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Purchasing has declined across channels and out-of-stocks are interrupting the typical shopping journey. Shoppers are delaying online ordering, and this can have severe implications on our economy and the retailers we enjoy buying from. 24% of online shoppers like me have delayed purchases due to finances. 37% of respondents spotted an increase in out-of-stocks online. Retailers must address out-of-stocks early in the customer experience as their frequency and subsequent frustration is increasing and problematic. Online shoppers continue to be price sensitive so product prices and shipping charges should see little or no increase during these unprecedented times. Increased research prior to purchasing (22%), particularly given the time shoppers now have, means shoppers can quickly assess a retailer’s pricing strategy.

Retailers are ready

The good news to report is that more than half of online shoppers rate online retailer performance an 8 or higher during the coronavirus. Challenges with stock status and delivery issues are likely causing retailer performance ratings to dip below their usual high levels. Online retailer performance (1-10 where 10 is best) breaks out as follows:

  • 8+: 56%
  • 6-7: 21%
  • 5: 17%
  • Below 5: 6%

  1. Be smart about pricing particularly free shipping

Despite current circumstances, 54% of shoppers aren’t willing to pay more for shipping when purchasing online versus in-store. Only 16% of online shoppers are willing to pay more for shipping of online orders. Retailers need to be conscious of pricing, particularly as personal finances are in peril, especially knowing that “free shipping” is favored among online shoppers. Further store closures and business dynamics may limit shopper ability to secure free shipping. Online shoppers will be on the hunt for deals and in particular, free shipping.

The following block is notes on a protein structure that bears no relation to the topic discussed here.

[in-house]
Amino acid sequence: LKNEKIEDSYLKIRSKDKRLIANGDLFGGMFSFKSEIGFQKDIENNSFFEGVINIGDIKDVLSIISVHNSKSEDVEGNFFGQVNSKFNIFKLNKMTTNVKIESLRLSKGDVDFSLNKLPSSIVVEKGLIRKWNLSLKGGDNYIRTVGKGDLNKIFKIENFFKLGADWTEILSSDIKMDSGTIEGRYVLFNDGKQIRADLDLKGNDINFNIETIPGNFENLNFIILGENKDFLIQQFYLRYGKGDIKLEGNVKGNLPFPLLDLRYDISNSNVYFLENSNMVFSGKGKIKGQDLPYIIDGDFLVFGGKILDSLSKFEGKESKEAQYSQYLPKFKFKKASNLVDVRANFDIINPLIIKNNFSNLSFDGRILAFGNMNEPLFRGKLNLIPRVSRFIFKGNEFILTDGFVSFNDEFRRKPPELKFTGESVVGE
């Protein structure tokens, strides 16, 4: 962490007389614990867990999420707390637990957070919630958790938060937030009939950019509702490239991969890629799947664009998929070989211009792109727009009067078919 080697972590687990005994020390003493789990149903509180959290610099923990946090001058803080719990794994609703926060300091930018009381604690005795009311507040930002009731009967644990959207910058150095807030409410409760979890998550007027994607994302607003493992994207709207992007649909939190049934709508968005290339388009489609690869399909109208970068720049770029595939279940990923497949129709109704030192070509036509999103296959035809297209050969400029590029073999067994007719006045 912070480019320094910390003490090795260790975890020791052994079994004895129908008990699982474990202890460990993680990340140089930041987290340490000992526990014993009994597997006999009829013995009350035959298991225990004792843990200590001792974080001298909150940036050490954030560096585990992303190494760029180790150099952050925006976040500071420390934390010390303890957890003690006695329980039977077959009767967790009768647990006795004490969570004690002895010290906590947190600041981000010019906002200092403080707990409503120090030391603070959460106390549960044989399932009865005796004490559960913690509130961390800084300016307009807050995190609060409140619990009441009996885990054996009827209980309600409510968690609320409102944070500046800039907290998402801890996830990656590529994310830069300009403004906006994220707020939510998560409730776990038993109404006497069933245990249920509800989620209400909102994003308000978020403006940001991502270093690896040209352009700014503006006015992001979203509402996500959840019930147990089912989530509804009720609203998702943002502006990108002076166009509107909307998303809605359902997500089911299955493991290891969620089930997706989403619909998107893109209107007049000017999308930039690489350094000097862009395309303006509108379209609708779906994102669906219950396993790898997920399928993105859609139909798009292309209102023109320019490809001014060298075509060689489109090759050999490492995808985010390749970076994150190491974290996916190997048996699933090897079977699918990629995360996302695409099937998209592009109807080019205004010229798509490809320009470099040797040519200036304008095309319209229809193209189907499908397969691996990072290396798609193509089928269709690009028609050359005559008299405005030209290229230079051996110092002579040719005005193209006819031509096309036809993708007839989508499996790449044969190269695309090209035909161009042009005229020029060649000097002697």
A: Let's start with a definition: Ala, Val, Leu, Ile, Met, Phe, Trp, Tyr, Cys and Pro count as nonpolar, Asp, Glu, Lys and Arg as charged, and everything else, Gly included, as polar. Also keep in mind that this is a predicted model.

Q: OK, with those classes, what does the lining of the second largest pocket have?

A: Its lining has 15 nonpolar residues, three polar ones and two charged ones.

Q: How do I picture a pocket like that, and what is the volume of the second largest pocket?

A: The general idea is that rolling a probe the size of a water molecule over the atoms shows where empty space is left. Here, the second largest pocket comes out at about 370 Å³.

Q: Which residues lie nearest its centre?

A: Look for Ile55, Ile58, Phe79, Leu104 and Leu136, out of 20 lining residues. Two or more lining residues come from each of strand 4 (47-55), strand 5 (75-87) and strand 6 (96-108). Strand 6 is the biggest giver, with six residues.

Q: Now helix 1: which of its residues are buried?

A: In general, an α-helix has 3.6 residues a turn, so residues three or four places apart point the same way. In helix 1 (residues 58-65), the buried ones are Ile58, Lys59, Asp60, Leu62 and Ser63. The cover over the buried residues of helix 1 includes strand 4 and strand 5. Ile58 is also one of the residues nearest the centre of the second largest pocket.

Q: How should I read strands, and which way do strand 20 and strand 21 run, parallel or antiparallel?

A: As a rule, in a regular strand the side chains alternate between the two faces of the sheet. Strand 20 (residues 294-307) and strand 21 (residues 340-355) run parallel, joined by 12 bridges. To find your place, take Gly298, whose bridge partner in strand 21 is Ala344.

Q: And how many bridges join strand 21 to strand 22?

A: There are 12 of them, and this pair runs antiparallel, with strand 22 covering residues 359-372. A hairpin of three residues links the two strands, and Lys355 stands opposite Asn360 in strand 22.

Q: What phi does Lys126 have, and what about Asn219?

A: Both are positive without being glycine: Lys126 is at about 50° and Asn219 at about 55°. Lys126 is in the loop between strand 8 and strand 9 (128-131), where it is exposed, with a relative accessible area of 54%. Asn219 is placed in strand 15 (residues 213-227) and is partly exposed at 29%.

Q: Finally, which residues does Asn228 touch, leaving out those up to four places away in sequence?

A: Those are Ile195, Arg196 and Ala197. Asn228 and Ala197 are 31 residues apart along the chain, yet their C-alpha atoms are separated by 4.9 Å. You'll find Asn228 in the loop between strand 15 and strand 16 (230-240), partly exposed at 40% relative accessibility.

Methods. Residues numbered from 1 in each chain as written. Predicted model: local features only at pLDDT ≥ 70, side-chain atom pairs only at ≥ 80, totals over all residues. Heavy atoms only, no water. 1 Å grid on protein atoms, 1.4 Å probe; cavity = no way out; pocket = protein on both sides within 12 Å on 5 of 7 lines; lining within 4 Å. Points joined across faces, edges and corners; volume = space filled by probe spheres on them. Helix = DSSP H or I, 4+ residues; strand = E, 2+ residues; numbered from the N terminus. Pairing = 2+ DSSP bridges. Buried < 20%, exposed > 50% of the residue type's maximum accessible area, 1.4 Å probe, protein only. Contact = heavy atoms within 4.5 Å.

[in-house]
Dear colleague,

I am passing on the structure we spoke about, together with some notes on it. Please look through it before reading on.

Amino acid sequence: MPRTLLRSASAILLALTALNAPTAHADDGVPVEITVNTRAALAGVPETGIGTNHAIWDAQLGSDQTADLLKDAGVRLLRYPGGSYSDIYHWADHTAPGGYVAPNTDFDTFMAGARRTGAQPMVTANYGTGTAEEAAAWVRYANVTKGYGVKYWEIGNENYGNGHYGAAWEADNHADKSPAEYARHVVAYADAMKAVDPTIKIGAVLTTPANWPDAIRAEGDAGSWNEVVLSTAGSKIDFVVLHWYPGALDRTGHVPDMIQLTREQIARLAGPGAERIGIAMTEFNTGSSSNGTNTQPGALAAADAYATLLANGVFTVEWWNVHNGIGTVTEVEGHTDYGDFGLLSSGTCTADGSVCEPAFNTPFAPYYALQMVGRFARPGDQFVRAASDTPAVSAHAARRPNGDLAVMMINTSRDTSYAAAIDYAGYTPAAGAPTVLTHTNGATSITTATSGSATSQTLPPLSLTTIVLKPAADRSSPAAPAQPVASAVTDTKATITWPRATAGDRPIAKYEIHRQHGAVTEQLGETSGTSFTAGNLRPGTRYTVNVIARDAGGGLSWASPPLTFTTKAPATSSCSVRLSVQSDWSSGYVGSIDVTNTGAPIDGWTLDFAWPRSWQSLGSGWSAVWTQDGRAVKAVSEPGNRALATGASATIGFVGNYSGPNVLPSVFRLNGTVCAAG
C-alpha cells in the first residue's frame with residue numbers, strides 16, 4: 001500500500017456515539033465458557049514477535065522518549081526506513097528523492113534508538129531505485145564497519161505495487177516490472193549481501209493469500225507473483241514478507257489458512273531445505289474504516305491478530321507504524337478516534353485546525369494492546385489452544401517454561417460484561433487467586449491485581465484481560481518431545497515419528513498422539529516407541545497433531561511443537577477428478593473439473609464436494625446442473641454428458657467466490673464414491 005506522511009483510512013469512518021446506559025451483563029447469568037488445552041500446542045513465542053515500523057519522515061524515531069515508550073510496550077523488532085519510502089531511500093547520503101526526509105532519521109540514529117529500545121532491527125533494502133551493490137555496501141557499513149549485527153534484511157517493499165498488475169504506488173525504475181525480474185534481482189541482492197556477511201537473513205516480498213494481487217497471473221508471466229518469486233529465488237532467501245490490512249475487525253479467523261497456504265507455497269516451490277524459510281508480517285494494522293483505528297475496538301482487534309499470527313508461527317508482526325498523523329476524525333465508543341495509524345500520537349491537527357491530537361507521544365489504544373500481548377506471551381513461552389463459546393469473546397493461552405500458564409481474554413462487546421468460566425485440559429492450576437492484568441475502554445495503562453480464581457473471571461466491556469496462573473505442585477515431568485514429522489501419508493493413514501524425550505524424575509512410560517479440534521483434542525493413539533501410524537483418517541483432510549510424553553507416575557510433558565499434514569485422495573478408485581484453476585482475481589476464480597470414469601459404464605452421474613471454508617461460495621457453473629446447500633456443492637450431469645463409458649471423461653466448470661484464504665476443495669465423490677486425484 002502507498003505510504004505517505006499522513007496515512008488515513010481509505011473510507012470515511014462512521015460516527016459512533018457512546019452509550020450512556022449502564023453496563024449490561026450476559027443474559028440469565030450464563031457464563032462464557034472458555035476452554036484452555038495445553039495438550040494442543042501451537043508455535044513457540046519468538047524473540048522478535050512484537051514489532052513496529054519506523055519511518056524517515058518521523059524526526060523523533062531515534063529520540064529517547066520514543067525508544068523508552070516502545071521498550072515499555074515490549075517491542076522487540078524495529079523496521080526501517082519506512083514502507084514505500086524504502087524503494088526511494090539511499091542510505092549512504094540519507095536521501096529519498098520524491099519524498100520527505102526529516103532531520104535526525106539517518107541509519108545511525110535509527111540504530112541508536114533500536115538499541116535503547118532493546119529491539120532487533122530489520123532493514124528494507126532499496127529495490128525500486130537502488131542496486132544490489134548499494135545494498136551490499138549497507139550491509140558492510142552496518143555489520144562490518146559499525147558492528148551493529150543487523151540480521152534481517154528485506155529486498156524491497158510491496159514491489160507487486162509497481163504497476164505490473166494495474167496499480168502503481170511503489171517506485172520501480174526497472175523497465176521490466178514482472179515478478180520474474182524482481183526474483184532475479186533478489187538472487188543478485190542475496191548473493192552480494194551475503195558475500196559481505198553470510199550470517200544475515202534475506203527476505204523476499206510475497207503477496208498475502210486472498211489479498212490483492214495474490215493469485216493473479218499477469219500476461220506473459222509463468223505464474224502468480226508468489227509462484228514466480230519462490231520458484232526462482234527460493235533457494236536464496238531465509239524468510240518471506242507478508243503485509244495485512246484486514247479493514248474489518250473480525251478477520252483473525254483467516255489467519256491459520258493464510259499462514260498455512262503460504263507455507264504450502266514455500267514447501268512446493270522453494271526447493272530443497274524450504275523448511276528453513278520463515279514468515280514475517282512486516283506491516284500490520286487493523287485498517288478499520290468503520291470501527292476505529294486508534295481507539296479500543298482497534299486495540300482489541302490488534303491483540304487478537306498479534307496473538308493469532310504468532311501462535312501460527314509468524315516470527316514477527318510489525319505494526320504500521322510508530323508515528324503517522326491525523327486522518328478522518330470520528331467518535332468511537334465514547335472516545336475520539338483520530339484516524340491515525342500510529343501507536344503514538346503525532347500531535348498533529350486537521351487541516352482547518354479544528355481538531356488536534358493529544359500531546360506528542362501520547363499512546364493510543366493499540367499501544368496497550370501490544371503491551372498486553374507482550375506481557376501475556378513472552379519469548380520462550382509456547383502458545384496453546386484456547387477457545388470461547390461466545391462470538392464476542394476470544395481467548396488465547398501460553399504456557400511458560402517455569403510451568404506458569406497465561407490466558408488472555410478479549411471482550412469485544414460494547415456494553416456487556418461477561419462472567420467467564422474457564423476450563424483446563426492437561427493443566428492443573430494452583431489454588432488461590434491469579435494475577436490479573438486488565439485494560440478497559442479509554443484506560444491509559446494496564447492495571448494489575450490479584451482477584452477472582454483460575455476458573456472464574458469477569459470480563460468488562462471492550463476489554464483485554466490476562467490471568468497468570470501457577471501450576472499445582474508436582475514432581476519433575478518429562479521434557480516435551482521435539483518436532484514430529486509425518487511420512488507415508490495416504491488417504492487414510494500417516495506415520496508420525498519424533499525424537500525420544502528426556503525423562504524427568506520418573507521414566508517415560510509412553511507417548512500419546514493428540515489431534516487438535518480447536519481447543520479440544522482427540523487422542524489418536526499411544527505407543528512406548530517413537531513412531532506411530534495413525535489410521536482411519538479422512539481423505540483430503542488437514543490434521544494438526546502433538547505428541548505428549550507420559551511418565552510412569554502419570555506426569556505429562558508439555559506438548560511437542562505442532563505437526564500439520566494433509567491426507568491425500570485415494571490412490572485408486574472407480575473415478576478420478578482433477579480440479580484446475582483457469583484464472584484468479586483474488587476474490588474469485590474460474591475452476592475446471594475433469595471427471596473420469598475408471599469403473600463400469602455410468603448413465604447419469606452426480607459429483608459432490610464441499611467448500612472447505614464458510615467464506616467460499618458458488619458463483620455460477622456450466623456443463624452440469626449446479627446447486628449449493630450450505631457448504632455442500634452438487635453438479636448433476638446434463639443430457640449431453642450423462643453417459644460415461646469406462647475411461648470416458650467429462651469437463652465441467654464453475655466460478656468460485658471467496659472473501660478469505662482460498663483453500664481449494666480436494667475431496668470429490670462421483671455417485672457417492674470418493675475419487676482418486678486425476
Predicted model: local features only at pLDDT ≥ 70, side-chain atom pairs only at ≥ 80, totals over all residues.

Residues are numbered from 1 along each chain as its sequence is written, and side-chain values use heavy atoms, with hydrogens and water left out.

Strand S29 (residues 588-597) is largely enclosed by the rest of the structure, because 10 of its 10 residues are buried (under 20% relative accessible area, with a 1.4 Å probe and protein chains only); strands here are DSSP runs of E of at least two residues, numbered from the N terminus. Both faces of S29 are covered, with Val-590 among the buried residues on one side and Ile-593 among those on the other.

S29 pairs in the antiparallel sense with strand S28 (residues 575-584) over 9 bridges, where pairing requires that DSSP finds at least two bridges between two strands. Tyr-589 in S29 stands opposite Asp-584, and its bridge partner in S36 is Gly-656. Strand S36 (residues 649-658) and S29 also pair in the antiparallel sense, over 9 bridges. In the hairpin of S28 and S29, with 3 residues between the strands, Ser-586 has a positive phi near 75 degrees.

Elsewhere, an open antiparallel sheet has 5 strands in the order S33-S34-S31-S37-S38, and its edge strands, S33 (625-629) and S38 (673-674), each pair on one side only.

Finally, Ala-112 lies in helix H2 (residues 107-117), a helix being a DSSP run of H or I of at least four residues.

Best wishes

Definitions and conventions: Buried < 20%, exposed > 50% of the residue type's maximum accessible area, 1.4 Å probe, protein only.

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  1. Creatively message to spur shopping

Retailer communication around the coronavirus is losing its impact. Almost all retailers have sent out public service announcements and when asked, “What do you think about the proactive messaging you are receiving from retailers?” 43% indicate they all sound the same. 35%, however, find them comforting. Retailers will need to make choices about how they message shoppers balancing the coronavirus information and more standard marketing offers going forward.

While it’s difficult to see the positive during these trying times, the human spirit prevails. Many shoppers may respond when retailers have a sense of humor. Three email headlines caught my attention recently including:

  • Anthropologie: WFH? Wear these, now 40%
  • Madewell: In case you want to change into Jeans
  • Uncommon Goods: Class is cancelled: Get a Kit
  1. Offer shoppers alternatives to store visits

Curbside pickup is one example of how retailers are creatively making products available to shoppers. Many parents are challenged to keep their kids busy, and arts and crafts are a comforting, creative alternative to kids playing with something on a screen. Last week, I tested both Joann’s and Michaels’ curbside options and both yielded positive results. As retailers known for coupons and discounting, they wisely extended them to bolster usage among their shoppers.

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Expectations around future online shopping behavior are in flux with current expectations unclear. It is simply too early to tell what behavior might be under this fluid situation. Projected online shopping behavior change is as follows:

  • No change in shopping behavior: 33%
  • Place somewhat more orders: 27%
  • Place about the same number of orders: 25%
  • Place significantly more orders: 10%
  • Place a few orders: 5%